Successfully transplanted the liver of a minor donor to a 13-year-old girl and an 8-month-old baby


by Bel G

Posted on August 8, 2018

Successfully transplanted the liver of a minor donor to a 13-year-old girl and an 8-month-old baby

The Vall d'Hebron hospital in Barcelona has successfully performed a liver transplant performed by the split procedure, which consists of dividing the donor's liver to obtain fully functional grafts for two recipients, in this case, a 13-year-old girl and a 8-months baby.

The liver donor was also a minor and the receiving girls were in a critical situation that could only be resolved with a transplant.

The head of the hepatobiliopancreatic surgery and transplant service at the Vall d'Hebron hospital, Ramón Charco, explained on Tuesday that "liver transplant splits a very complex surgical procedure reserved for exceptional cases that require a high level of experience."

The transplant was made to two girls, Naroa, aged 13, from Basque Country (Spain), who suffered from a metabolic disease that forced her to follow a very restrictive diet in proteins and a hepatocarcinoma (liver cancer), and Rome, 8 months and living in Terrassa (Barcelona), who suffered from Alagille syndrome, a rare disease that had caused irreversible liver cirrhosis.

The intervention, which took place last July, required a team of 30 professionals: a doctor and a nurse moved to another autonomous community for the extraction of the minor donor organ and brought it to Vall d'Hebron to be divided into two parts.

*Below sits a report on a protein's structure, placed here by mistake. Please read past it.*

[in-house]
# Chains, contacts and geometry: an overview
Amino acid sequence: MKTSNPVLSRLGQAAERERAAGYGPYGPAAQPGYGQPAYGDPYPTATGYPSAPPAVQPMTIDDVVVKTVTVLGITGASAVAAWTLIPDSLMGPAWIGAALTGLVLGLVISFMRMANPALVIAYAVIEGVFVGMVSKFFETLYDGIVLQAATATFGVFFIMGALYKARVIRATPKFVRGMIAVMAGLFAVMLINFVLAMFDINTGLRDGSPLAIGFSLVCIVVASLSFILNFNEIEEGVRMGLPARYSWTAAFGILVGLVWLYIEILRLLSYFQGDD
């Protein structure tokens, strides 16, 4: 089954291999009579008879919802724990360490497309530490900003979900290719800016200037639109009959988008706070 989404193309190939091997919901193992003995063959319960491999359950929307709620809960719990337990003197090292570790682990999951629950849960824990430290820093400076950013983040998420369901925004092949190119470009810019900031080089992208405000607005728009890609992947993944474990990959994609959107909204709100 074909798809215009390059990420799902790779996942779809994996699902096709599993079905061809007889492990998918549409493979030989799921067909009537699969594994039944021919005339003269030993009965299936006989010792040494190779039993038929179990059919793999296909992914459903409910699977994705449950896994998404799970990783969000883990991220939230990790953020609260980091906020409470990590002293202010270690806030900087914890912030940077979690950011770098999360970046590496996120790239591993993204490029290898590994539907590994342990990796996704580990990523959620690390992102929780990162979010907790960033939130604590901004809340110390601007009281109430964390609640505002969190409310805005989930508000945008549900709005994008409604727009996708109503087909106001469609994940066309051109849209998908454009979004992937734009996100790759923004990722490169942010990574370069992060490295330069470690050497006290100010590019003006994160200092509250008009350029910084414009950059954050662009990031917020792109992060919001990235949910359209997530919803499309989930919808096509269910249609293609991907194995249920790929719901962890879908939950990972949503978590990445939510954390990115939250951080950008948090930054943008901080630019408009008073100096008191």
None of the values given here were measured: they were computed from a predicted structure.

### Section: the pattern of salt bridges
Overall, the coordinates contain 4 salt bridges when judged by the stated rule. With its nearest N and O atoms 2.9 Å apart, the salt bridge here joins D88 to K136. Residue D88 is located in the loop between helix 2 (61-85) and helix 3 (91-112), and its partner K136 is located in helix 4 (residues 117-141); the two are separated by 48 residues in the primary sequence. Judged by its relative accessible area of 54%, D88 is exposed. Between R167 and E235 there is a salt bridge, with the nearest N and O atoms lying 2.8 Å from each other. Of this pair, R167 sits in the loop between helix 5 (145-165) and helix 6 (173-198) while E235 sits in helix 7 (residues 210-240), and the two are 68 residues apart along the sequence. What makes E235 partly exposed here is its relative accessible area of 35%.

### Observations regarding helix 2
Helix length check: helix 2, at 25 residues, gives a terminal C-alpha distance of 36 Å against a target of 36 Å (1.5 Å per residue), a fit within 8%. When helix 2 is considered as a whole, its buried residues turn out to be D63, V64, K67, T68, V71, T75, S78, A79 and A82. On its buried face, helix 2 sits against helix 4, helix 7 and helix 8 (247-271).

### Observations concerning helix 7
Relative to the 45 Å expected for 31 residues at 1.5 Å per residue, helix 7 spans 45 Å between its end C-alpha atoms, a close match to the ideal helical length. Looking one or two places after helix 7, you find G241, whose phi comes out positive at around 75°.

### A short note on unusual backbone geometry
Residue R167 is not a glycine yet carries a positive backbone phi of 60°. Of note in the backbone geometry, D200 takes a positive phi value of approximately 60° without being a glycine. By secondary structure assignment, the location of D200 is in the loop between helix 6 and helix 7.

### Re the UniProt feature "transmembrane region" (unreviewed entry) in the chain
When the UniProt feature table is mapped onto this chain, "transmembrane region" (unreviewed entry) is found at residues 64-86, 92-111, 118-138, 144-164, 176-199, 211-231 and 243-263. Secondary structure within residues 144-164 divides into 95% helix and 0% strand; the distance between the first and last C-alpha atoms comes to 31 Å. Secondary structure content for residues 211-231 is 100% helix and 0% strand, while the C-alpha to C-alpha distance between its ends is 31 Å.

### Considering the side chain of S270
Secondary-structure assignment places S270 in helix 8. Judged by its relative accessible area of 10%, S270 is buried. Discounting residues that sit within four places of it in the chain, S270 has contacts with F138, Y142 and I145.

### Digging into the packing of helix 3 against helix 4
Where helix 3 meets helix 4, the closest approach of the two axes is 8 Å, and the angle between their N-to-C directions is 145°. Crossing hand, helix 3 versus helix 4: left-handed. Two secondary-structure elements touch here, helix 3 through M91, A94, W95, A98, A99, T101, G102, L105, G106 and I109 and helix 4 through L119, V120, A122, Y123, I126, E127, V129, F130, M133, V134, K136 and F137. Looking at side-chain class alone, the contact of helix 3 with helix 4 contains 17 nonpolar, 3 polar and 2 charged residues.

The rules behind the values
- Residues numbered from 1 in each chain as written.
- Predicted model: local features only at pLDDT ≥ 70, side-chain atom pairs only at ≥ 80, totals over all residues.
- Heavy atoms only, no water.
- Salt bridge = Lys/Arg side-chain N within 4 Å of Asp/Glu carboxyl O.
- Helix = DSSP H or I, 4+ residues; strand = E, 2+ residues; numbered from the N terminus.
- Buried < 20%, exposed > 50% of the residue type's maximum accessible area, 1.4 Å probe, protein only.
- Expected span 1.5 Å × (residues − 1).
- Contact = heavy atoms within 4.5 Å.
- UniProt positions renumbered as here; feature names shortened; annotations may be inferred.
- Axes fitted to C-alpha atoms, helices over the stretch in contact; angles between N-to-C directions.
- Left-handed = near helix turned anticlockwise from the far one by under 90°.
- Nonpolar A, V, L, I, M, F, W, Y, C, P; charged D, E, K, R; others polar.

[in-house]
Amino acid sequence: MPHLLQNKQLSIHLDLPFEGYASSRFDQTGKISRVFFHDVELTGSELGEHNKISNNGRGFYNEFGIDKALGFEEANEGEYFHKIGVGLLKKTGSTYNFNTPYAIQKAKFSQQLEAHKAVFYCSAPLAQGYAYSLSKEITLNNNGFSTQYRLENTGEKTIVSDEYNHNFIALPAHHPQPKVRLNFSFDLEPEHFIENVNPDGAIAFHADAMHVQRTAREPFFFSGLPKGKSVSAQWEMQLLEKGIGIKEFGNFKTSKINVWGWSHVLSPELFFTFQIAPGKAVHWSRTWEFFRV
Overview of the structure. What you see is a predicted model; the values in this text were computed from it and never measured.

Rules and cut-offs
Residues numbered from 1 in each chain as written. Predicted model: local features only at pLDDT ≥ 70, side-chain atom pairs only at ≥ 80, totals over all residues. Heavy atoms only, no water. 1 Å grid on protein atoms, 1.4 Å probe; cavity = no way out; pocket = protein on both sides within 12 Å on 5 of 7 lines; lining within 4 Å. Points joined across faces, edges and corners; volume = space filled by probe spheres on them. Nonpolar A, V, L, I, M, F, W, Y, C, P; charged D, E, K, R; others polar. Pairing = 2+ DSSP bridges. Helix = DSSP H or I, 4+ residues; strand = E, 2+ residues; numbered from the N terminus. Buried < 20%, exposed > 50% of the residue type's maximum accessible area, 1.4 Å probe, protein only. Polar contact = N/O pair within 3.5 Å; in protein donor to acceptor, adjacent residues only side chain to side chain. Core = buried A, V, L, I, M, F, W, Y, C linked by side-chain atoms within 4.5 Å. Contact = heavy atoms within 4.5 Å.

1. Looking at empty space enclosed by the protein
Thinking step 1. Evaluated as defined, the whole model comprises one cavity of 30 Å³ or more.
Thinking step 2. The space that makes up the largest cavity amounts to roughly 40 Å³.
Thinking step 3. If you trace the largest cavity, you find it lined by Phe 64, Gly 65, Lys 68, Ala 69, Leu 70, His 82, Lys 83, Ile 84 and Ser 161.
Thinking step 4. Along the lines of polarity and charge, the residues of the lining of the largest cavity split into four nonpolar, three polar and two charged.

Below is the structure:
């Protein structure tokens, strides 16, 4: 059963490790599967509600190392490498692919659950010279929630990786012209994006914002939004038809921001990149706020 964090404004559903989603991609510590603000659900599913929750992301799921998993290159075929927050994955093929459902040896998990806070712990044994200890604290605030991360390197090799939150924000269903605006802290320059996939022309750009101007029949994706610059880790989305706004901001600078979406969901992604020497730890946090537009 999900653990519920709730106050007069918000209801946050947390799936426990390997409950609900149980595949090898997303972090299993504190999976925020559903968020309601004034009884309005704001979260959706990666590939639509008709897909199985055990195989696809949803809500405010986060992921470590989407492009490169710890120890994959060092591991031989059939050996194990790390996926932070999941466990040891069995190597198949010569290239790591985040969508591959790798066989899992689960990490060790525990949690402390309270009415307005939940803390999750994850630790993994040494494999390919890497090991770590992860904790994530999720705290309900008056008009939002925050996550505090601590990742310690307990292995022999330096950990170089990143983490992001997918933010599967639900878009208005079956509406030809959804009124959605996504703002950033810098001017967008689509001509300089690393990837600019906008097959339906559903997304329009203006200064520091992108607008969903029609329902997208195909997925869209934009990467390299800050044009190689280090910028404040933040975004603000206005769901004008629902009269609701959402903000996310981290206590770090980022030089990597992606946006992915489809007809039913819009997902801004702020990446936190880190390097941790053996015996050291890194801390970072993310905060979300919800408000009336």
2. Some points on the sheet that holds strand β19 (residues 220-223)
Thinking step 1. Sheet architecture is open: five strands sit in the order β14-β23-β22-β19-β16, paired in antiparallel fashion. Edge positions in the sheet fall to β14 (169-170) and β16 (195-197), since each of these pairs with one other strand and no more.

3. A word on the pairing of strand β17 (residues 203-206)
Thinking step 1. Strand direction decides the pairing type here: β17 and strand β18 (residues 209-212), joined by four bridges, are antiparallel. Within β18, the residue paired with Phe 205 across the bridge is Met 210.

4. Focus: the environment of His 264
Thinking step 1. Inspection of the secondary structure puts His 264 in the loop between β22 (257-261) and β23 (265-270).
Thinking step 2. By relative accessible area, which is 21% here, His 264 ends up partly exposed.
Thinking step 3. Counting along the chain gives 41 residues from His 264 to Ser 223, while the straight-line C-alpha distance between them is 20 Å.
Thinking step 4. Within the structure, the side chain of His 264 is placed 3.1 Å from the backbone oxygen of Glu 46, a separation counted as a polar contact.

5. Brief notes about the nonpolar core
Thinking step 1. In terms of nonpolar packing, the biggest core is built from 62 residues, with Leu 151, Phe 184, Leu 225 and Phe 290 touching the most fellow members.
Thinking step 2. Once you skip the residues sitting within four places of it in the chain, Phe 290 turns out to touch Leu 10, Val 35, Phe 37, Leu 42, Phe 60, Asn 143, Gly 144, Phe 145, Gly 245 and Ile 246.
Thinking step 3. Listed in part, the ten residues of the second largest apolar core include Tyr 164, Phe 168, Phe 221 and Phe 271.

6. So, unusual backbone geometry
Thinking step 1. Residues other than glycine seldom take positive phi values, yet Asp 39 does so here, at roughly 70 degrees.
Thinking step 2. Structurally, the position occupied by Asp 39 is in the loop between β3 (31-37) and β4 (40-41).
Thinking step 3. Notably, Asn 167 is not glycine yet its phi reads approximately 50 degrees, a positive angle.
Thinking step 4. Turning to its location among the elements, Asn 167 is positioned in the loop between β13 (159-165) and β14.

"While the division of the liver was taking place, simultaneously, the two girls were prepared to receive the organ and the time of ischemia was reduced", pointed the attending physician to the unit of gastroenterology, hepatology, nutritional support and pediatric liver transplants. of Vall d'Hebron, Jesús Quintero.

Hepatic transplantation had only been done once at the Vall d'Hebron hospital in 2002 and, the same day that Naroa and Rome were operated on, 14 more transplants performed, "one of the days of most activity in transplants", has assured the coordinator of transplants, Alberto Sandiumenge.

Naroa has been discharged from hospital after seven days of admission to the hospital and "can now eat meat and sausages", because before "he only ate fruit, vegetables and chemical foods without protein, which conditioned his life."

In the case of Roma, Charco pointed out that, "being smaller (8 months), the recovery time is slower" and that "the small part of the divided liver implanted, but it was still too large for her body and had to stay a few days with the wound open before being able to close it ", although he has assured that "soon" he will be discharged.

"You have given life back to my daughter," said the mother of Naroa, Josefi, and encouraged the children on the waiting list not to lose hope: "Someday they will receive this call", she said.

The mother of Roma, Vanessa, said for her part that "here there is only one hero, who is the donor" and thanked the treatment of all the medical team of the hospital.

Vall d'Hebron performed the first pediatric liver transplant in Spain in 1985 and has been a pioneer in making the first split for adult and child receptors, and in reducing a liver to implant it to a patient.

In addition, it is the second centre of the country in the number of transplants of this type (12-14 per year) and records the best survival rate with respect to the other centres, as reported by this Barcelona hospital centre.

There are currently ten children on the waiting list for liver transplantation and, according to Quintero, "between 30 and 40% of transplants are done with living donors, which puts the person who donates at risk", so they would like that this percentage" was not so high since "it is always better to take advantage of a cadaverous donor."

Also, the surgeon recalled that "the success of transplants is not marking by the survival rate, but that children can have a normal life."

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